10 Terrifying, Secret Spots Around the World
Subterranean caverns, hidden tunnels and a nuclear wasteland are just some of the most frightening secret places on Earth.
Photo By: Christian Vieljeux
Scary Places You Need to See
Pianos playing without strings, doors slamming shut on their own accord and the echo of cavalry spurs ringing through the halls. Paranormal activity (or just shiver-inducing chills) can be found in certain notoriously haunted or creepy places around the globe, from eerie abandoned amusement parks in the Ukraine to the ruins of the real-life Dracula's castle in Romania. Journey with Travel Channel (and Travel Channel hosts Ramy Romany and Josh Gates who've visited some of the planet's most unsettling spots) as we explore a few of the scariest places on earth.
1: Boleskine Graveyard, Inverness, Scotland
Sightings of a legendary creature have been reported in the waters of Loch Ness for over 500 years. Though few visitors to the Scottish Highlands will catch a glimpse of Nessie on their trip, travelers can take a peek at an even more frightening location on the remote, south shore of the lake — Boleskine Graveyard. It’s there that British occultist Aleister Crowley is said to have practiced necromancy rituals, casting spells to commune with and reanimate the dead. Boleskine Graveyard is accessible 24/7. You'll find it about 40 minutes southwest of Inverness on the lonely B852.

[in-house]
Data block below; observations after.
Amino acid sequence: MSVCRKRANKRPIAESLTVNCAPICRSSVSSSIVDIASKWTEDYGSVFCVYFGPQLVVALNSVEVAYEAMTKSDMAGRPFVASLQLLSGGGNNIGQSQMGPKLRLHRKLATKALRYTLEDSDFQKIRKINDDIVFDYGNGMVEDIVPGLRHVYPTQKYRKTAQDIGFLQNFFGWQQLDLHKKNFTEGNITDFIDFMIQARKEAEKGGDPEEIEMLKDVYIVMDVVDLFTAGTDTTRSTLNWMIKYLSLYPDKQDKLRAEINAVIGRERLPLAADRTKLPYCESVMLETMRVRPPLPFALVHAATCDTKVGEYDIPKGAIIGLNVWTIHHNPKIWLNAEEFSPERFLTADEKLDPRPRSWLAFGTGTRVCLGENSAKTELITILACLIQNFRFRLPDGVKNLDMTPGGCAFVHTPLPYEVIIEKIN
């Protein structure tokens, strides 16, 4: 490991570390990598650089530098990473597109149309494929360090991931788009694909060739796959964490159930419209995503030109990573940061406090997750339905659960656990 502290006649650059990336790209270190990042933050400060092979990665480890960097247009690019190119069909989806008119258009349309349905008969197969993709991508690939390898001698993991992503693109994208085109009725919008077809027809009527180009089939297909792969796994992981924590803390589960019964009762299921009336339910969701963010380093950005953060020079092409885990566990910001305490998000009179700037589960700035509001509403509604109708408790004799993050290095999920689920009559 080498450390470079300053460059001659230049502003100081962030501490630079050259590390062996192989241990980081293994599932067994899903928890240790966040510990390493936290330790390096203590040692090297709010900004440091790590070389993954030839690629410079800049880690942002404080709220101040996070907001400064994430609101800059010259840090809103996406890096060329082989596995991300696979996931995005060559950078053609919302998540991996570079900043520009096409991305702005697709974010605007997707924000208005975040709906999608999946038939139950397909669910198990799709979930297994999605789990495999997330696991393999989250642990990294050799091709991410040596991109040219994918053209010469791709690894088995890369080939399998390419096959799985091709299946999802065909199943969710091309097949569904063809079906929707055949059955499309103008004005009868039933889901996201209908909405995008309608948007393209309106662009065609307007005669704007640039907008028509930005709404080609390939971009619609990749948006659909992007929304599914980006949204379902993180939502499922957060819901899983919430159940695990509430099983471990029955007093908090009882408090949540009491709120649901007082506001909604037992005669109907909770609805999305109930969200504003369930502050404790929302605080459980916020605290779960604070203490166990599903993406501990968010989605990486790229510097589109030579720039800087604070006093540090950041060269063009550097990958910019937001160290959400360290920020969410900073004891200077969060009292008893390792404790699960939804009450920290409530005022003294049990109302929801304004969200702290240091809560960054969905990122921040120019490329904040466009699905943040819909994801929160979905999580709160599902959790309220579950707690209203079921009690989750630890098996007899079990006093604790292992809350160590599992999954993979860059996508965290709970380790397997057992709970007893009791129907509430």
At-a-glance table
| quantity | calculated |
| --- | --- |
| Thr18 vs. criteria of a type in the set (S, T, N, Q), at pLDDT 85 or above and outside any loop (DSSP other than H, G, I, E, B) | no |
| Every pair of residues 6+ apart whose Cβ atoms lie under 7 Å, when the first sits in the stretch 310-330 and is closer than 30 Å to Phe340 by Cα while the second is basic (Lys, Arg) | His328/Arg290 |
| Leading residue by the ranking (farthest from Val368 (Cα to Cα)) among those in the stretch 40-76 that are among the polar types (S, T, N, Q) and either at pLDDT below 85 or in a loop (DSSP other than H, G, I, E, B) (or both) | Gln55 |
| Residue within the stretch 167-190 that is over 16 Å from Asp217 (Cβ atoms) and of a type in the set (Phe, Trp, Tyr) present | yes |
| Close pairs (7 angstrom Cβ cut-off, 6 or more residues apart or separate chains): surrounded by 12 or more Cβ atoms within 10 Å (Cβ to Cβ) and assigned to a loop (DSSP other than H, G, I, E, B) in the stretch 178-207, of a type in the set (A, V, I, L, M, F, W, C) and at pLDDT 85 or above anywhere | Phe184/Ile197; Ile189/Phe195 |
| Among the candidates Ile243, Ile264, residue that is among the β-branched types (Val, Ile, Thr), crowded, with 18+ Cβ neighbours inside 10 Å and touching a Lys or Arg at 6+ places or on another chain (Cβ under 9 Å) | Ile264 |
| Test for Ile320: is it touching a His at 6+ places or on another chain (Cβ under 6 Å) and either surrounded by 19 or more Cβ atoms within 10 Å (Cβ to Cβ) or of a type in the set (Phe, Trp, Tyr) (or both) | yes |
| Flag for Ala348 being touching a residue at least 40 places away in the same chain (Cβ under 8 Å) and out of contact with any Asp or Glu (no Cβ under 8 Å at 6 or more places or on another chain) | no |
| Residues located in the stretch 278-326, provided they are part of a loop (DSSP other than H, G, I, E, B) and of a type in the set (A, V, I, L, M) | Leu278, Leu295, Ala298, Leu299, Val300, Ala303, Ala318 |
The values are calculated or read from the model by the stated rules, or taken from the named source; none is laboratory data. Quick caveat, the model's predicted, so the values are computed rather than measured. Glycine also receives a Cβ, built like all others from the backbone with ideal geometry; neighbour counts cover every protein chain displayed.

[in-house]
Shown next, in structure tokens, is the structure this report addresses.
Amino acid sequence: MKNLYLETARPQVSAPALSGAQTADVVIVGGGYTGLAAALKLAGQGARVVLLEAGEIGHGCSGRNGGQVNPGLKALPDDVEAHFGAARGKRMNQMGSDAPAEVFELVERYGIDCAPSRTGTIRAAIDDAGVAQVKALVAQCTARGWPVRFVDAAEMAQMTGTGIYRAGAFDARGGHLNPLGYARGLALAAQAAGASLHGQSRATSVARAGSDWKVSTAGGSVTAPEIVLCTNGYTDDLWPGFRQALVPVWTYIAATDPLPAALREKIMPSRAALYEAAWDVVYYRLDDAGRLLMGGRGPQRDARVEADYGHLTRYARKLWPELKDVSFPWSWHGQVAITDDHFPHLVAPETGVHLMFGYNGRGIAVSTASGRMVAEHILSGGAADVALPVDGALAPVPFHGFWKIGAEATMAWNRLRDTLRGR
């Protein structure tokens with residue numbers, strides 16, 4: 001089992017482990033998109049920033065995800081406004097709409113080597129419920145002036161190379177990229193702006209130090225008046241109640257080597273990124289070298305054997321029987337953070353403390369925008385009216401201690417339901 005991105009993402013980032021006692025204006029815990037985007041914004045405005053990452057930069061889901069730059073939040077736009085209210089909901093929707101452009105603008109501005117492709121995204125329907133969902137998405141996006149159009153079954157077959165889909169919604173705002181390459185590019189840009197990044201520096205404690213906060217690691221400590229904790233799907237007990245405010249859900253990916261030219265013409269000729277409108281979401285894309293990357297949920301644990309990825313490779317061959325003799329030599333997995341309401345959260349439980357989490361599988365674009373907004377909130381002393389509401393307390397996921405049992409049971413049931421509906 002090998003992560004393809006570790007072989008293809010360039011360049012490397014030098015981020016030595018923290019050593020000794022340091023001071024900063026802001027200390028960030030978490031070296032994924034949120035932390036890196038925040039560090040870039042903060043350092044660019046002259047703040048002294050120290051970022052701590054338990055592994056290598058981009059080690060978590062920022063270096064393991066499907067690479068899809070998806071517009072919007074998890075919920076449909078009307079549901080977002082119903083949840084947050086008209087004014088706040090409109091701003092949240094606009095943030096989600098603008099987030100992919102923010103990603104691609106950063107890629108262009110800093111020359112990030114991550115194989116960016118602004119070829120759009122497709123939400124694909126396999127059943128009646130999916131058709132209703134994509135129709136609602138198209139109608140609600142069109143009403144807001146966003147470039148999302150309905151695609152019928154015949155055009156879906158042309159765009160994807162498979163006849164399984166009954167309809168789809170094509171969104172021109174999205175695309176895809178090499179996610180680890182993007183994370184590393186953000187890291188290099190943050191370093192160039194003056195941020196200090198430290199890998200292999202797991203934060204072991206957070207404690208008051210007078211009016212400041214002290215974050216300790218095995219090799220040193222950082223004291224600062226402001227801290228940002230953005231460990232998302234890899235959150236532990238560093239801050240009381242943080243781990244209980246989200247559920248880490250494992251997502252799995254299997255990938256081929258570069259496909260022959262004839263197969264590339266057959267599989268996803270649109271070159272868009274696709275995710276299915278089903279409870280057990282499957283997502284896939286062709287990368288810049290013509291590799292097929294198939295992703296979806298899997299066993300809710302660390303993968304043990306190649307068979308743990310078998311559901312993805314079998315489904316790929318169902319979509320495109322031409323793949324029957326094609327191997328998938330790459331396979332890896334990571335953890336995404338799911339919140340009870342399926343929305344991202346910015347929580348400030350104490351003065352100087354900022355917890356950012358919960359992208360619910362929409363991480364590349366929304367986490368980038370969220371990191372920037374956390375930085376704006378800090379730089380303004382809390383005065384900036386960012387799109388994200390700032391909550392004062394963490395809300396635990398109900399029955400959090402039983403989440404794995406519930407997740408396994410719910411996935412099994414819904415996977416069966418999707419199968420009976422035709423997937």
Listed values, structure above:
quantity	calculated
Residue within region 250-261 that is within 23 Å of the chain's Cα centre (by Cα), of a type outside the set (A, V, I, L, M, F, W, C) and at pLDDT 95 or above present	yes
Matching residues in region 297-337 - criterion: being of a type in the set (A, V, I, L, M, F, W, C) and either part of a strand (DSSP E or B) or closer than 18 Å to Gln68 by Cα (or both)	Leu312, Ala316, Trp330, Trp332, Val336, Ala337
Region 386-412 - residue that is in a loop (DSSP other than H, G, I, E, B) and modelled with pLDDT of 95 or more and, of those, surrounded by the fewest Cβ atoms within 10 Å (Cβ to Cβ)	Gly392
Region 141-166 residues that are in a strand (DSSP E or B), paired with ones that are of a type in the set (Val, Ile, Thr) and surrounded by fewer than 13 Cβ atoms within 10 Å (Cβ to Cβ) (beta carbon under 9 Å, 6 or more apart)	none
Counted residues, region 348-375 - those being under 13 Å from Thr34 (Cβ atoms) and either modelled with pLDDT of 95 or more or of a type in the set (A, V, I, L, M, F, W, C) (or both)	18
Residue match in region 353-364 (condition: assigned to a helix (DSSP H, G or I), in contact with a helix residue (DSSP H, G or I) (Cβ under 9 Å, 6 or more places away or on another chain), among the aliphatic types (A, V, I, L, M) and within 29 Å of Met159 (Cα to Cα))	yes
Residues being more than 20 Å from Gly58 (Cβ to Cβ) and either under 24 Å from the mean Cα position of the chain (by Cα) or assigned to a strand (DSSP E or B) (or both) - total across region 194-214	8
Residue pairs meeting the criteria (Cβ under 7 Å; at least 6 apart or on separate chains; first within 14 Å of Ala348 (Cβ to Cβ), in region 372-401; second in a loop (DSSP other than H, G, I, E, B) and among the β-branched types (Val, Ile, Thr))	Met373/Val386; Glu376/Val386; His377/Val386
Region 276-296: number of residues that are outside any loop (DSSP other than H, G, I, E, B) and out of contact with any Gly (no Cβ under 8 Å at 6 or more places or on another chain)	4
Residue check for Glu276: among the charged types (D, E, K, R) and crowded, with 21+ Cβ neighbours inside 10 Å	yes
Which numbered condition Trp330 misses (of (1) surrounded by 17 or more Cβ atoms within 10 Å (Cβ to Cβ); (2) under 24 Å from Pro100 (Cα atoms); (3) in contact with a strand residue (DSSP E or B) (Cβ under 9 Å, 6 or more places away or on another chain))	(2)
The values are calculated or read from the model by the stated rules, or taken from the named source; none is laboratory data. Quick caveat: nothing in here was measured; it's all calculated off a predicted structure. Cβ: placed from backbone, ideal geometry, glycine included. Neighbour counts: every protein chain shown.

2: Garnet Ghost Town, Missoula, Montana
Though it only flourished for a few years in the 1890s, some 1,200 people once called the Montana mining town of Garnet home. By 1905, most of the area mines had been abandoned and only a fragment of Garnet’s population remained. Today, visitors can amble through abandoned saloons and houses, and gaze into the void of abandoned mine shafts littering the woods. Garnet Ghost Town seems quaint on the surface, but don’t let the manicured grounds and small staff fool you—the place has a history of paranormal activity. The town's ruins are located about an hour’s drive outside of Missoula, Montana. There is no entry fee.
3: Poenari Fortress, Curtea de Argeș, Romania
Most are familiar with the story of Dracula, an immortal vampire lord who feeds on the blood of the living. Dracula’s modern day myth has grown ever since Irish author Bram Stoker released his 1897 novel of the same name. But Stoker's story has a foundation in reality. Vlad III Dracula was a real world ruler of the defunct nation of Wallachia in the 15th century, and you can still visit the ruins of his once formidable citadel. The crumbling walls of Poenari Fortress are located on a rocky outcrop high in the Carpathian Mountains. To find the trailhead, head north on the Transfăgărăşan Highway from Curtea de Argeș.